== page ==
Technology Transfer, Delivery, and Implementation of Best Practices for Jointed Concrete Pavements

Project status

Completed

Start date: 09/03/11
End date: 09/02/17

Researcher(s)

Principal investigators:

About the research

A continuing challenge to the concrete paving industry is the ever present need to implement new technologies as they are proven, coupled with the need to educate new employees throughout the industry about best practices. The objective of this project was to help meet this need by conducting technology transfer, delivery, and implementation of best practices for jointed concrete pavements. Activities were focused on these topics:

  • Material-related distress
  • Blended aggregates for concrete mixture optimization
  • Concrete paving mixtures with one or more supplementary cementitious materials
  • Innovative materials and methods for accelerated construction and maintenance of concrete pavements
  • Quality assurance

Publications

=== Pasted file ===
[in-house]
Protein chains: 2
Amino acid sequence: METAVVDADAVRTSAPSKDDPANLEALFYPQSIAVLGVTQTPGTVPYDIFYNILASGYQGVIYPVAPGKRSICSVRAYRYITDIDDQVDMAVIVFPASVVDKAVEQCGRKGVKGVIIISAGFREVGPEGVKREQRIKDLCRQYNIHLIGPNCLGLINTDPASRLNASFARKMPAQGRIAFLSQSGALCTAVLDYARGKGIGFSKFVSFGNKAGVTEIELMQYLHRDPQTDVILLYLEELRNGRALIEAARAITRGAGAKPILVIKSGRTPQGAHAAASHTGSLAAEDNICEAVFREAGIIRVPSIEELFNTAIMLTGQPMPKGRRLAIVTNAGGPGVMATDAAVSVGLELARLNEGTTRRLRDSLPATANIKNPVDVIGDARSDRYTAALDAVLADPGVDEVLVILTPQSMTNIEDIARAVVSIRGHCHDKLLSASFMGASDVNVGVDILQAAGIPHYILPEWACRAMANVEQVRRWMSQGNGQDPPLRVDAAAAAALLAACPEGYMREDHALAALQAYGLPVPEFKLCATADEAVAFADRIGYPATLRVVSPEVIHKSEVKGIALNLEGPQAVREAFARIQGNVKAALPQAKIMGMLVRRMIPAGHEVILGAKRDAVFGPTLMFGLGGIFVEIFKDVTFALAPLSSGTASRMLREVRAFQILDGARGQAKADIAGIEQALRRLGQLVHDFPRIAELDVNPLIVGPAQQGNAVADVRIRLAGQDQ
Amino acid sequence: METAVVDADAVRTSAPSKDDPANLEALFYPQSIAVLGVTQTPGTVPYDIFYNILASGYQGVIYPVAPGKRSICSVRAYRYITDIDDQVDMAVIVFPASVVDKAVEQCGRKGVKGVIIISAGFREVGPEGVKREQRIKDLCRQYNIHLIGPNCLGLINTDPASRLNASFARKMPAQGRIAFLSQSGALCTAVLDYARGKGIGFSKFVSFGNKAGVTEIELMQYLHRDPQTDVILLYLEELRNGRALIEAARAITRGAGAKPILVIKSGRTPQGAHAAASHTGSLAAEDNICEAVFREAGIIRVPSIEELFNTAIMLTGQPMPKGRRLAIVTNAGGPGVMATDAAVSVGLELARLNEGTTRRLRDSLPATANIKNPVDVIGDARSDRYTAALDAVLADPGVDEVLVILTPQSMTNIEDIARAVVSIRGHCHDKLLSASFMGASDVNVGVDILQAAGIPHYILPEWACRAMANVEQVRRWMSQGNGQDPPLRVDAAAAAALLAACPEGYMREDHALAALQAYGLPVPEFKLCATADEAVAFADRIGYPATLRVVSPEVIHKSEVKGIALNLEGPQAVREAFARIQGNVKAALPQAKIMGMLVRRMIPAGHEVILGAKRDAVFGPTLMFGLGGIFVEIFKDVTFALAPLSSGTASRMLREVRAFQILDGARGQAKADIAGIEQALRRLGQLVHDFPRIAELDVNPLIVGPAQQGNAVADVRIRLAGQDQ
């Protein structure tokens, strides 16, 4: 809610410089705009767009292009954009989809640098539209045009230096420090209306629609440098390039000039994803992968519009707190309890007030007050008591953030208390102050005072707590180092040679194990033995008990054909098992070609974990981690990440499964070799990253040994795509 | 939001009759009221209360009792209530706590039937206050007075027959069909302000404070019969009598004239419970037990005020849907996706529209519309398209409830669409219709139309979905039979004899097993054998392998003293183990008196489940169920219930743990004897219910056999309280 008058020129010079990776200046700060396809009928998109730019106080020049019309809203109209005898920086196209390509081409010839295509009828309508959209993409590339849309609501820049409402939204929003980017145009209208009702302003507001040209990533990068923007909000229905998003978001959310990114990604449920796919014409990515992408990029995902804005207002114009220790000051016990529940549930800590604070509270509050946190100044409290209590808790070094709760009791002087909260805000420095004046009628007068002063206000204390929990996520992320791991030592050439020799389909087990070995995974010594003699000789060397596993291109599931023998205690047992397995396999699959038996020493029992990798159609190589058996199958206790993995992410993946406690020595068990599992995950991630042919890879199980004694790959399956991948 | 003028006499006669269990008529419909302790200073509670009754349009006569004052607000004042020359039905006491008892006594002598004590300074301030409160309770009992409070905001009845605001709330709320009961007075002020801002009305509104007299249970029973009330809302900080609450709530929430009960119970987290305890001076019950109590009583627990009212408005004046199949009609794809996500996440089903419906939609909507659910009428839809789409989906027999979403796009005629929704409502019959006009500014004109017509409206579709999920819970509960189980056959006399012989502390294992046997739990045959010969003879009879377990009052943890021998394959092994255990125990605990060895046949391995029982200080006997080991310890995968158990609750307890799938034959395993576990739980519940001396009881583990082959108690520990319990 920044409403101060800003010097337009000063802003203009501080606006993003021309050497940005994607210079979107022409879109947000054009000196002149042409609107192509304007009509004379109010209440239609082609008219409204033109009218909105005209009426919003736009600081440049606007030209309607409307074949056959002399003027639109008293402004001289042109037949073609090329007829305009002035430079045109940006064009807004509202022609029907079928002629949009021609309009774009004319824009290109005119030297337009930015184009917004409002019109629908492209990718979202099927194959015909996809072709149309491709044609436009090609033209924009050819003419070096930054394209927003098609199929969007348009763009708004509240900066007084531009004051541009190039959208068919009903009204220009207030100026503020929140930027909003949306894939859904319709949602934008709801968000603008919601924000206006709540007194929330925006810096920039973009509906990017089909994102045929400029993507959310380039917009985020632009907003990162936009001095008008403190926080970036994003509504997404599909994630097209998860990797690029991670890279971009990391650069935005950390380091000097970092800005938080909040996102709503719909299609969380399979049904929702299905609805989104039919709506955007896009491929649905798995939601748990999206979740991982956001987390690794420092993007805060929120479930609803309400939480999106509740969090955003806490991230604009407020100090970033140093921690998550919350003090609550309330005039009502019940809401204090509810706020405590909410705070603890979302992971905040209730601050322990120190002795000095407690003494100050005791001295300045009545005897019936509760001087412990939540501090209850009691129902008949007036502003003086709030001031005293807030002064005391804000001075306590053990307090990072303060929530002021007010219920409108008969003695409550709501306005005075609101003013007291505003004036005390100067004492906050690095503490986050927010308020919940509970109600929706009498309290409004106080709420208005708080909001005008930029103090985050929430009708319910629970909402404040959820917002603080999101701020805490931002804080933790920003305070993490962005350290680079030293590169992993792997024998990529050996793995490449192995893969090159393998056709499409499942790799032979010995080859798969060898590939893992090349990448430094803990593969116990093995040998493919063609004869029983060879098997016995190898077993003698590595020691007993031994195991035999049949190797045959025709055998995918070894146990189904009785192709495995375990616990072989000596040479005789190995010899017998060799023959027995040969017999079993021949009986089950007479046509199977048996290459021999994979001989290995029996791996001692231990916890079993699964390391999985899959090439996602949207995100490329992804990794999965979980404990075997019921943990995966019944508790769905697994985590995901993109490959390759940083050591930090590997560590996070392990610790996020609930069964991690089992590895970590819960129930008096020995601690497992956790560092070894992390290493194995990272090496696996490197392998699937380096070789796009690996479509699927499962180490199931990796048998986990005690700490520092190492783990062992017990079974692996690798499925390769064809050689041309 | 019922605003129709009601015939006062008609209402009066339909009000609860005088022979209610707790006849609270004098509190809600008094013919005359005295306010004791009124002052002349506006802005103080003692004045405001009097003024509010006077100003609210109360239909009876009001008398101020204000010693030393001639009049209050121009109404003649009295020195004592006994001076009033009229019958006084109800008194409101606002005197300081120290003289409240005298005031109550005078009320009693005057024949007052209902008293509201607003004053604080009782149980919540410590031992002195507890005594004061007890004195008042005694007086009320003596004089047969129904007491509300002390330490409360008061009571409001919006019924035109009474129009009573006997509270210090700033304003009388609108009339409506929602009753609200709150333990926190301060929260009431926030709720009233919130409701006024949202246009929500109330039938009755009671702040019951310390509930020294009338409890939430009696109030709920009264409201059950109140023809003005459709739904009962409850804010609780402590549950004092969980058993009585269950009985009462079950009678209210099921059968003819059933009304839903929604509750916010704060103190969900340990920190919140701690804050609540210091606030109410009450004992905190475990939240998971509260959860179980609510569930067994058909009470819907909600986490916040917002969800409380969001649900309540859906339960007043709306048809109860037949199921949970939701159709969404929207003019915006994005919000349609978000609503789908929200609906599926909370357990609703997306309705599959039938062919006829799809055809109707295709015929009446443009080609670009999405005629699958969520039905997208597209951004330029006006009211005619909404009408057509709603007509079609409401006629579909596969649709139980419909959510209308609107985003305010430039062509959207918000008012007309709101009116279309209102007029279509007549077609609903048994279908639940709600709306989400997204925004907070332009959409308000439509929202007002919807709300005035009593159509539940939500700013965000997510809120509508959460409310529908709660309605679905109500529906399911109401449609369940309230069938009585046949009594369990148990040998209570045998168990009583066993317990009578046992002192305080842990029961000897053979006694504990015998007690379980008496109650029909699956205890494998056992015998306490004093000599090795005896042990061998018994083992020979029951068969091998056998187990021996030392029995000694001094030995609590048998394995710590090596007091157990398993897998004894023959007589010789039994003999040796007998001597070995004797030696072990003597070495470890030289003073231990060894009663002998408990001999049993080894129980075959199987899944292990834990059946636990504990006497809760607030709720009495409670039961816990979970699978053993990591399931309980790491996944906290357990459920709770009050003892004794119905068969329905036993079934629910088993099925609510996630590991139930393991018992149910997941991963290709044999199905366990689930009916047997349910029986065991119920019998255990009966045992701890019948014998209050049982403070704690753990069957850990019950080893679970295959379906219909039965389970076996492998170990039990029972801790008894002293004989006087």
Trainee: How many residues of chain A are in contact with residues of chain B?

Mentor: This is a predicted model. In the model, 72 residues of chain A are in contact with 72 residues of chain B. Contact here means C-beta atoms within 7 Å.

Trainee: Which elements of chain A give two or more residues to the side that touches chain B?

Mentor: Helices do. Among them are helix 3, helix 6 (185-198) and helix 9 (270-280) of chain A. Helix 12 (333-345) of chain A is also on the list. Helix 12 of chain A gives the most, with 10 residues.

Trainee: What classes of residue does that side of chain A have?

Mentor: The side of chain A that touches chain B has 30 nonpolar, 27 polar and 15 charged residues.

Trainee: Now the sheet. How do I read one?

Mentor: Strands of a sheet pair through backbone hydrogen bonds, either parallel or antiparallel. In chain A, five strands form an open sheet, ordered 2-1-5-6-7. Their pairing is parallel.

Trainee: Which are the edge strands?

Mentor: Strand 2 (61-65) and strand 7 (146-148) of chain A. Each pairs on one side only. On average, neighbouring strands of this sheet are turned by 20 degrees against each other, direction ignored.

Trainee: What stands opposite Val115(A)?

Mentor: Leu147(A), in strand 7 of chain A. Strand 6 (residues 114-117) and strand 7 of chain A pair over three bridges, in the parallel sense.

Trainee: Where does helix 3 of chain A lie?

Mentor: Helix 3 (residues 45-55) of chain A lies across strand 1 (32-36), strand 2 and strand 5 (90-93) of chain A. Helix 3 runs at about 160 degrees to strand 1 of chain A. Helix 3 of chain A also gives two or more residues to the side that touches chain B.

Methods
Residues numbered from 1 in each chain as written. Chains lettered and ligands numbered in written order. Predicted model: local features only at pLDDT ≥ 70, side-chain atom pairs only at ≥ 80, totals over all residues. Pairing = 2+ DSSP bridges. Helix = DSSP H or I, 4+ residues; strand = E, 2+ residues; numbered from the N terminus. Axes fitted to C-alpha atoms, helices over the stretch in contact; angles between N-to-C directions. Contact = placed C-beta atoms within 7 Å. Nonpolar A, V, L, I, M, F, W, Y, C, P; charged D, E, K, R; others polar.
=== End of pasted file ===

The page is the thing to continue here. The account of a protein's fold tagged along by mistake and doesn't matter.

Report: Technology Transfer, Delivery, and Implementation of Best Practices for Jointed Concrete Pavements Summary Report (NA pdf) October 2017

Related publications:

Sponsor(s)/partner(s)

Sponsor(s): Federal Highway Administration

Image: D-cracking on a pavement surface
D-cracking, a progressive distress associated with the use of coarse limestone aggregates that, when critically saturated, physically break down under repeated freeze-thaw cycles (Image: Jim Grove)
Image: Close up of an aggregate pop-out on a concrete pavement surface showing resulting damage about five times the size of a penny
Popout on a concrete surface (Image: Xuhao Wang/National CP Tech Center)
Image: Pavement cracking resembling the pattern lines on a road map
Map cracking commonly seen with freeze-thaw damage (Image: Lawrence Sutter/Michigan Technological University)
Image: Exudate in a map crack near a quarter placed next to it
Exudate in map crack (Image: Lawrence Sutter/Michigan Technological University)
Image: Close-up of decicer scaling on the surface of a concrete slab
Close-up of deicer scaling on the surface of a concrete slab (Image: Lawrence Sutter/Michigan Technological University)